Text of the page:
Economics

Blockchain, Ice Teas and Lemonades

Blockchain can sure blow smoke in your face mistaking a dog for a super model, at least in the case of Long Island Ice Tea Corp (LTEA) now rebranded to Long Blockchain (LBCC) on Nasdaq.

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What would you do if you are the CEO of a Nasdaq-listed company getting a “deficiency notice” from Nasdaq threatening to delist your company unless the market value rose above $35 million for 10 business days in a row?  Long Island Ice Tea did receive such warning in October.

Typically, once a deficiency notice has been sent from Nasdaq, a company has only 90 days to comply with the continued listing standards. That means LTEA needs to shape up or gets shipped out by this month. Worry not, LTEA has found the right open-sesame password to dodge the delisting bullet.

Blockchain, Ice Teas and Lemonades

As the company’s name implies, Long Island Ice Tea Corp. is a beverage company focused on non-alcoholic iced teas and lemonades based in Farmingdale, New York. The company was at risk of being booted off Nasdaq before being rescued by a simple name change last month.

Yes, all the company did was to change its name to Long Blockchain Corp. (LBCC) on Dec. 21 with some vague statement that Long Blockchain is in the “preliminary stages of evaluating specific opportunities” and that it plans to continue to focus on the beverage business (if that makes any sense). Its stock price almost tripled in one day.

At the time, the company has no agreements with any blockchain entities or even in negotiation with one, not to mention the illogic of an ice tea company “diversifying” into blockchain technology. However, investors are blinded by the buzz word “Blockchain” and LBBC market cap has stayed above the $35 million threshold required by Nasdaq since the name change on Dec. 21.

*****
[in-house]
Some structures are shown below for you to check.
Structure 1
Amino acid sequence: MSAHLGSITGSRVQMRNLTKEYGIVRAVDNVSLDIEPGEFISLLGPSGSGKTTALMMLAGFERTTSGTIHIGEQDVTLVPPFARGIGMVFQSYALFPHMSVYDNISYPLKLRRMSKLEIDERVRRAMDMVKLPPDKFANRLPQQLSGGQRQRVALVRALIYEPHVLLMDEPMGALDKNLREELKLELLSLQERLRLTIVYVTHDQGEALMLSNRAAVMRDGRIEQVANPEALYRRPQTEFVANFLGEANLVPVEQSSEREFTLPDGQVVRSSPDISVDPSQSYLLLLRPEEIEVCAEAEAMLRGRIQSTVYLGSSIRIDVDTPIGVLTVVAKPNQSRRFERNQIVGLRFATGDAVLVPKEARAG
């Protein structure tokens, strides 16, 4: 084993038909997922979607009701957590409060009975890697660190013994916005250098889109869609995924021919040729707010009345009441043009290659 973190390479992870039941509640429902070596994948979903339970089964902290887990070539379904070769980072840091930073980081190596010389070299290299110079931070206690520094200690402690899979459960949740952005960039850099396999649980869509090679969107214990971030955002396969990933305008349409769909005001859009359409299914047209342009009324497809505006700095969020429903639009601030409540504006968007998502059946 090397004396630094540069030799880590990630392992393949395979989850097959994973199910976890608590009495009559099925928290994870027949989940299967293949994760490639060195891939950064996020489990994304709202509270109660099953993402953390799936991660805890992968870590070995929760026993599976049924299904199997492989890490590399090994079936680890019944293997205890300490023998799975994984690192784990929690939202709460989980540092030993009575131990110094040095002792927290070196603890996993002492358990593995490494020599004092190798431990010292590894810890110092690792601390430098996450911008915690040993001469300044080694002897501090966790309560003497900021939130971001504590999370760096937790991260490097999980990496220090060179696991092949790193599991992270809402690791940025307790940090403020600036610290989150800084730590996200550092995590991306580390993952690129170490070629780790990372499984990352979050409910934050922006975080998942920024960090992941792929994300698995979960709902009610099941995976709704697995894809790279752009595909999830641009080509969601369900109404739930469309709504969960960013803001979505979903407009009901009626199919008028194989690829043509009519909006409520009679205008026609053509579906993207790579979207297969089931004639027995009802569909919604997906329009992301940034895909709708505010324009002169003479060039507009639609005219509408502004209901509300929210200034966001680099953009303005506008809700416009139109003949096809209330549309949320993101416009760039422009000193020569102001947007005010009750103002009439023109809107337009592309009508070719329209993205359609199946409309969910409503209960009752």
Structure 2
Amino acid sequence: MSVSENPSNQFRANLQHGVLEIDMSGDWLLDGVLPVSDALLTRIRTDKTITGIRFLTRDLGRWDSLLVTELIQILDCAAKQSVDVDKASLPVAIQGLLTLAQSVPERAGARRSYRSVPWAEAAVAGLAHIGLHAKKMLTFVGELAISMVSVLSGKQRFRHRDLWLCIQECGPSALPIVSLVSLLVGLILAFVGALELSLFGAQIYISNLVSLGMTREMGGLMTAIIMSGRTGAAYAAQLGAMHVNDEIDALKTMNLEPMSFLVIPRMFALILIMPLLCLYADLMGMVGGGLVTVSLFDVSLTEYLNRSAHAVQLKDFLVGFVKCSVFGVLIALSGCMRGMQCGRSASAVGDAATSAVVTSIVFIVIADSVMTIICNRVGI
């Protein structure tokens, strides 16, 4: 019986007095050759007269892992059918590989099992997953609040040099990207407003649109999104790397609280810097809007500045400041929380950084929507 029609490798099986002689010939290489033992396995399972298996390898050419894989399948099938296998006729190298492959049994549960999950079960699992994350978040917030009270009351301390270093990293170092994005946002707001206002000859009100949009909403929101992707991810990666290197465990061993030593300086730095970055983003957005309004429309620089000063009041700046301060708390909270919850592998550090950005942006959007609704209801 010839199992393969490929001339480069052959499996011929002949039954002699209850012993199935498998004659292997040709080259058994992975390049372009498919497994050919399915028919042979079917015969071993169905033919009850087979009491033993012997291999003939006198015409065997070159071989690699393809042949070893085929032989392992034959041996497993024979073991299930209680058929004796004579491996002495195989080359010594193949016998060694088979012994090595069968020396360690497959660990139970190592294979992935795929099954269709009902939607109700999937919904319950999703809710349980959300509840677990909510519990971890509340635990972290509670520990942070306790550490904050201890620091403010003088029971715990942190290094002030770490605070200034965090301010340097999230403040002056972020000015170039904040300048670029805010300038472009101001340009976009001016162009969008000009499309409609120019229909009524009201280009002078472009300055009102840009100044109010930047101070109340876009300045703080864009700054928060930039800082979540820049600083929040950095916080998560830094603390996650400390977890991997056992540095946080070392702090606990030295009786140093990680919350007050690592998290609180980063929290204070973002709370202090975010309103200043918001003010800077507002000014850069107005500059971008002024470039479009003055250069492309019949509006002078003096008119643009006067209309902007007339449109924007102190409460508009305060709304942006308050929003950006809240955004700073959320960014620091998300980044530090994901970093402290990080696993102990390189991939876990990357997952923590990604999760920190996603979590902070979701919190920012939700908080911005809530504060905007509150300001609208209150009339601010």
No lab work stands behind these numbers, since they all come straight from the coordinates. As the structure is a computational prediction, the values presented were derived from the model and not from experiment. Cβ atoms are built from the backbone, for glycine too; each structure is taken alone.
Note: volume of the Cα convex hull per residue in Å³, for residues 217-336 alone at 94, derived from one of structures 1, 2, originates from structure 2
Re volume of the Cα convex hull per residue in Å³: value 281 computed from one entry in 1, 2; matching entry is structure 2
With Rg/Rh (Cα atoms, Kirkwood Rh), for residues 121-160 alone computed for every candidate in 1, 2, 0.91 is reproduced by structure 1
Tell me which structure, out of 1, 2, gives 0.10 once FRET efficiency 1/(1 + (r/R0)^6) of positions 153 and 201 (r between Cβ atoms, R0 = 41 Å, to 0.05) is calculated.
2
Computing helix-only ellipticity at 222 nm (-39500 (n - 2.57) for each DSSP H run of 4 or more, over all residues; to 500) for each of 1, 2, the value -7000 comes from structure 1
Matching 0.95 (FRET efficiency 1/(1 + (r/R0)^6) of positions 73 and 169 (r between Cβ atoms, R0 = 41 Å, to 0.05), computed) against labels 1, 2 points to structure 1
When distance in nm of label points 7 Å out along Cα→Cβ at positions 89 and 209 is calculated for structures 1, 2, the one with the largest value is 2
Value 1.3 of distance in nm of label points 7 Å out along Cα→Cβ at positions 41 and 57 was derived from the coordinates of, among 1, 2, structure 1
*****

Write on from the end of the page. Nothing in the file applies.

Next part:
Blockchain Makeover of a Dog

Typically, a delisting warning from an exchange usually means this company is in a downward spiral either due to some fundamental and economic difficulties and/or in a cyclical down market for that particular industry sector.

As Bloomberg reports, LTEA has posted consecutive quarterly losses “for years”. It had a $3.9 million deficit in 3Q 2017 and only two customers made up 42% of its $1.6 million in net sales. It is easy to see how it got to this delisting predicament.

The latest company statement on Friday Jan. 5 was that it was buying 1,000 bitcoin-mining machines and offering as many as 1.6 million shares. The big IF is that “The purchase may not go through if Long Blockchain doesn’t get enough funding”. It also said in a filing Friday “Our management has relatively little experience in the blockchain technology industry.”

According to Bloomberg, one of the company’s founders and majority shareholders is “known for lavish parties and dating supermodels” with odd connections to super model Heidi Klum, the Kennedy family, and America Apparel, Inc. (which filed bankruptcy in 2015.) That same majority shareholder also settled with the U.S. SEC in 2001 for failure to disclose certain insider trading transactions.

A Dog Is a Dog, Never a Super Model

Just like the gold rush, all these do not seem to matter a bit to investors in the bitcoin euphoria. The irrational enthusiasm from investors seem to suggest as long as there’s “intention” to dabble in blockchain technology, it is enough to keep throwing money at an ice tea company with poor core business prospect and management. Sorry, I don’t think Heidi or even the entire Kennedy family can save this dog.

The worse thing is that there’s a string of penny stock companies are able to cash in quickly on the bitcoin craze including some Cigar manufacturers, sports-bra and juice makers. One Long Blockchain executive reportedly said last month that the decision to pivot to blockchain technology was “a once-in-a-generation opportunity.”

LBBC stock went from $2.44 to almost $7 in one day after the name change, and closed at $4.85 today. I think it looks more like a once-in-a-life-time opportunity to pump and dump a dog penny stock to as many bitcoin-crazed investors as possible.  Caveat emptor, let the buyer beware!

Disclosure: The author and EconMatters have no position in aforementioned stocks. The views and opinions expressed in this article are author's own. 

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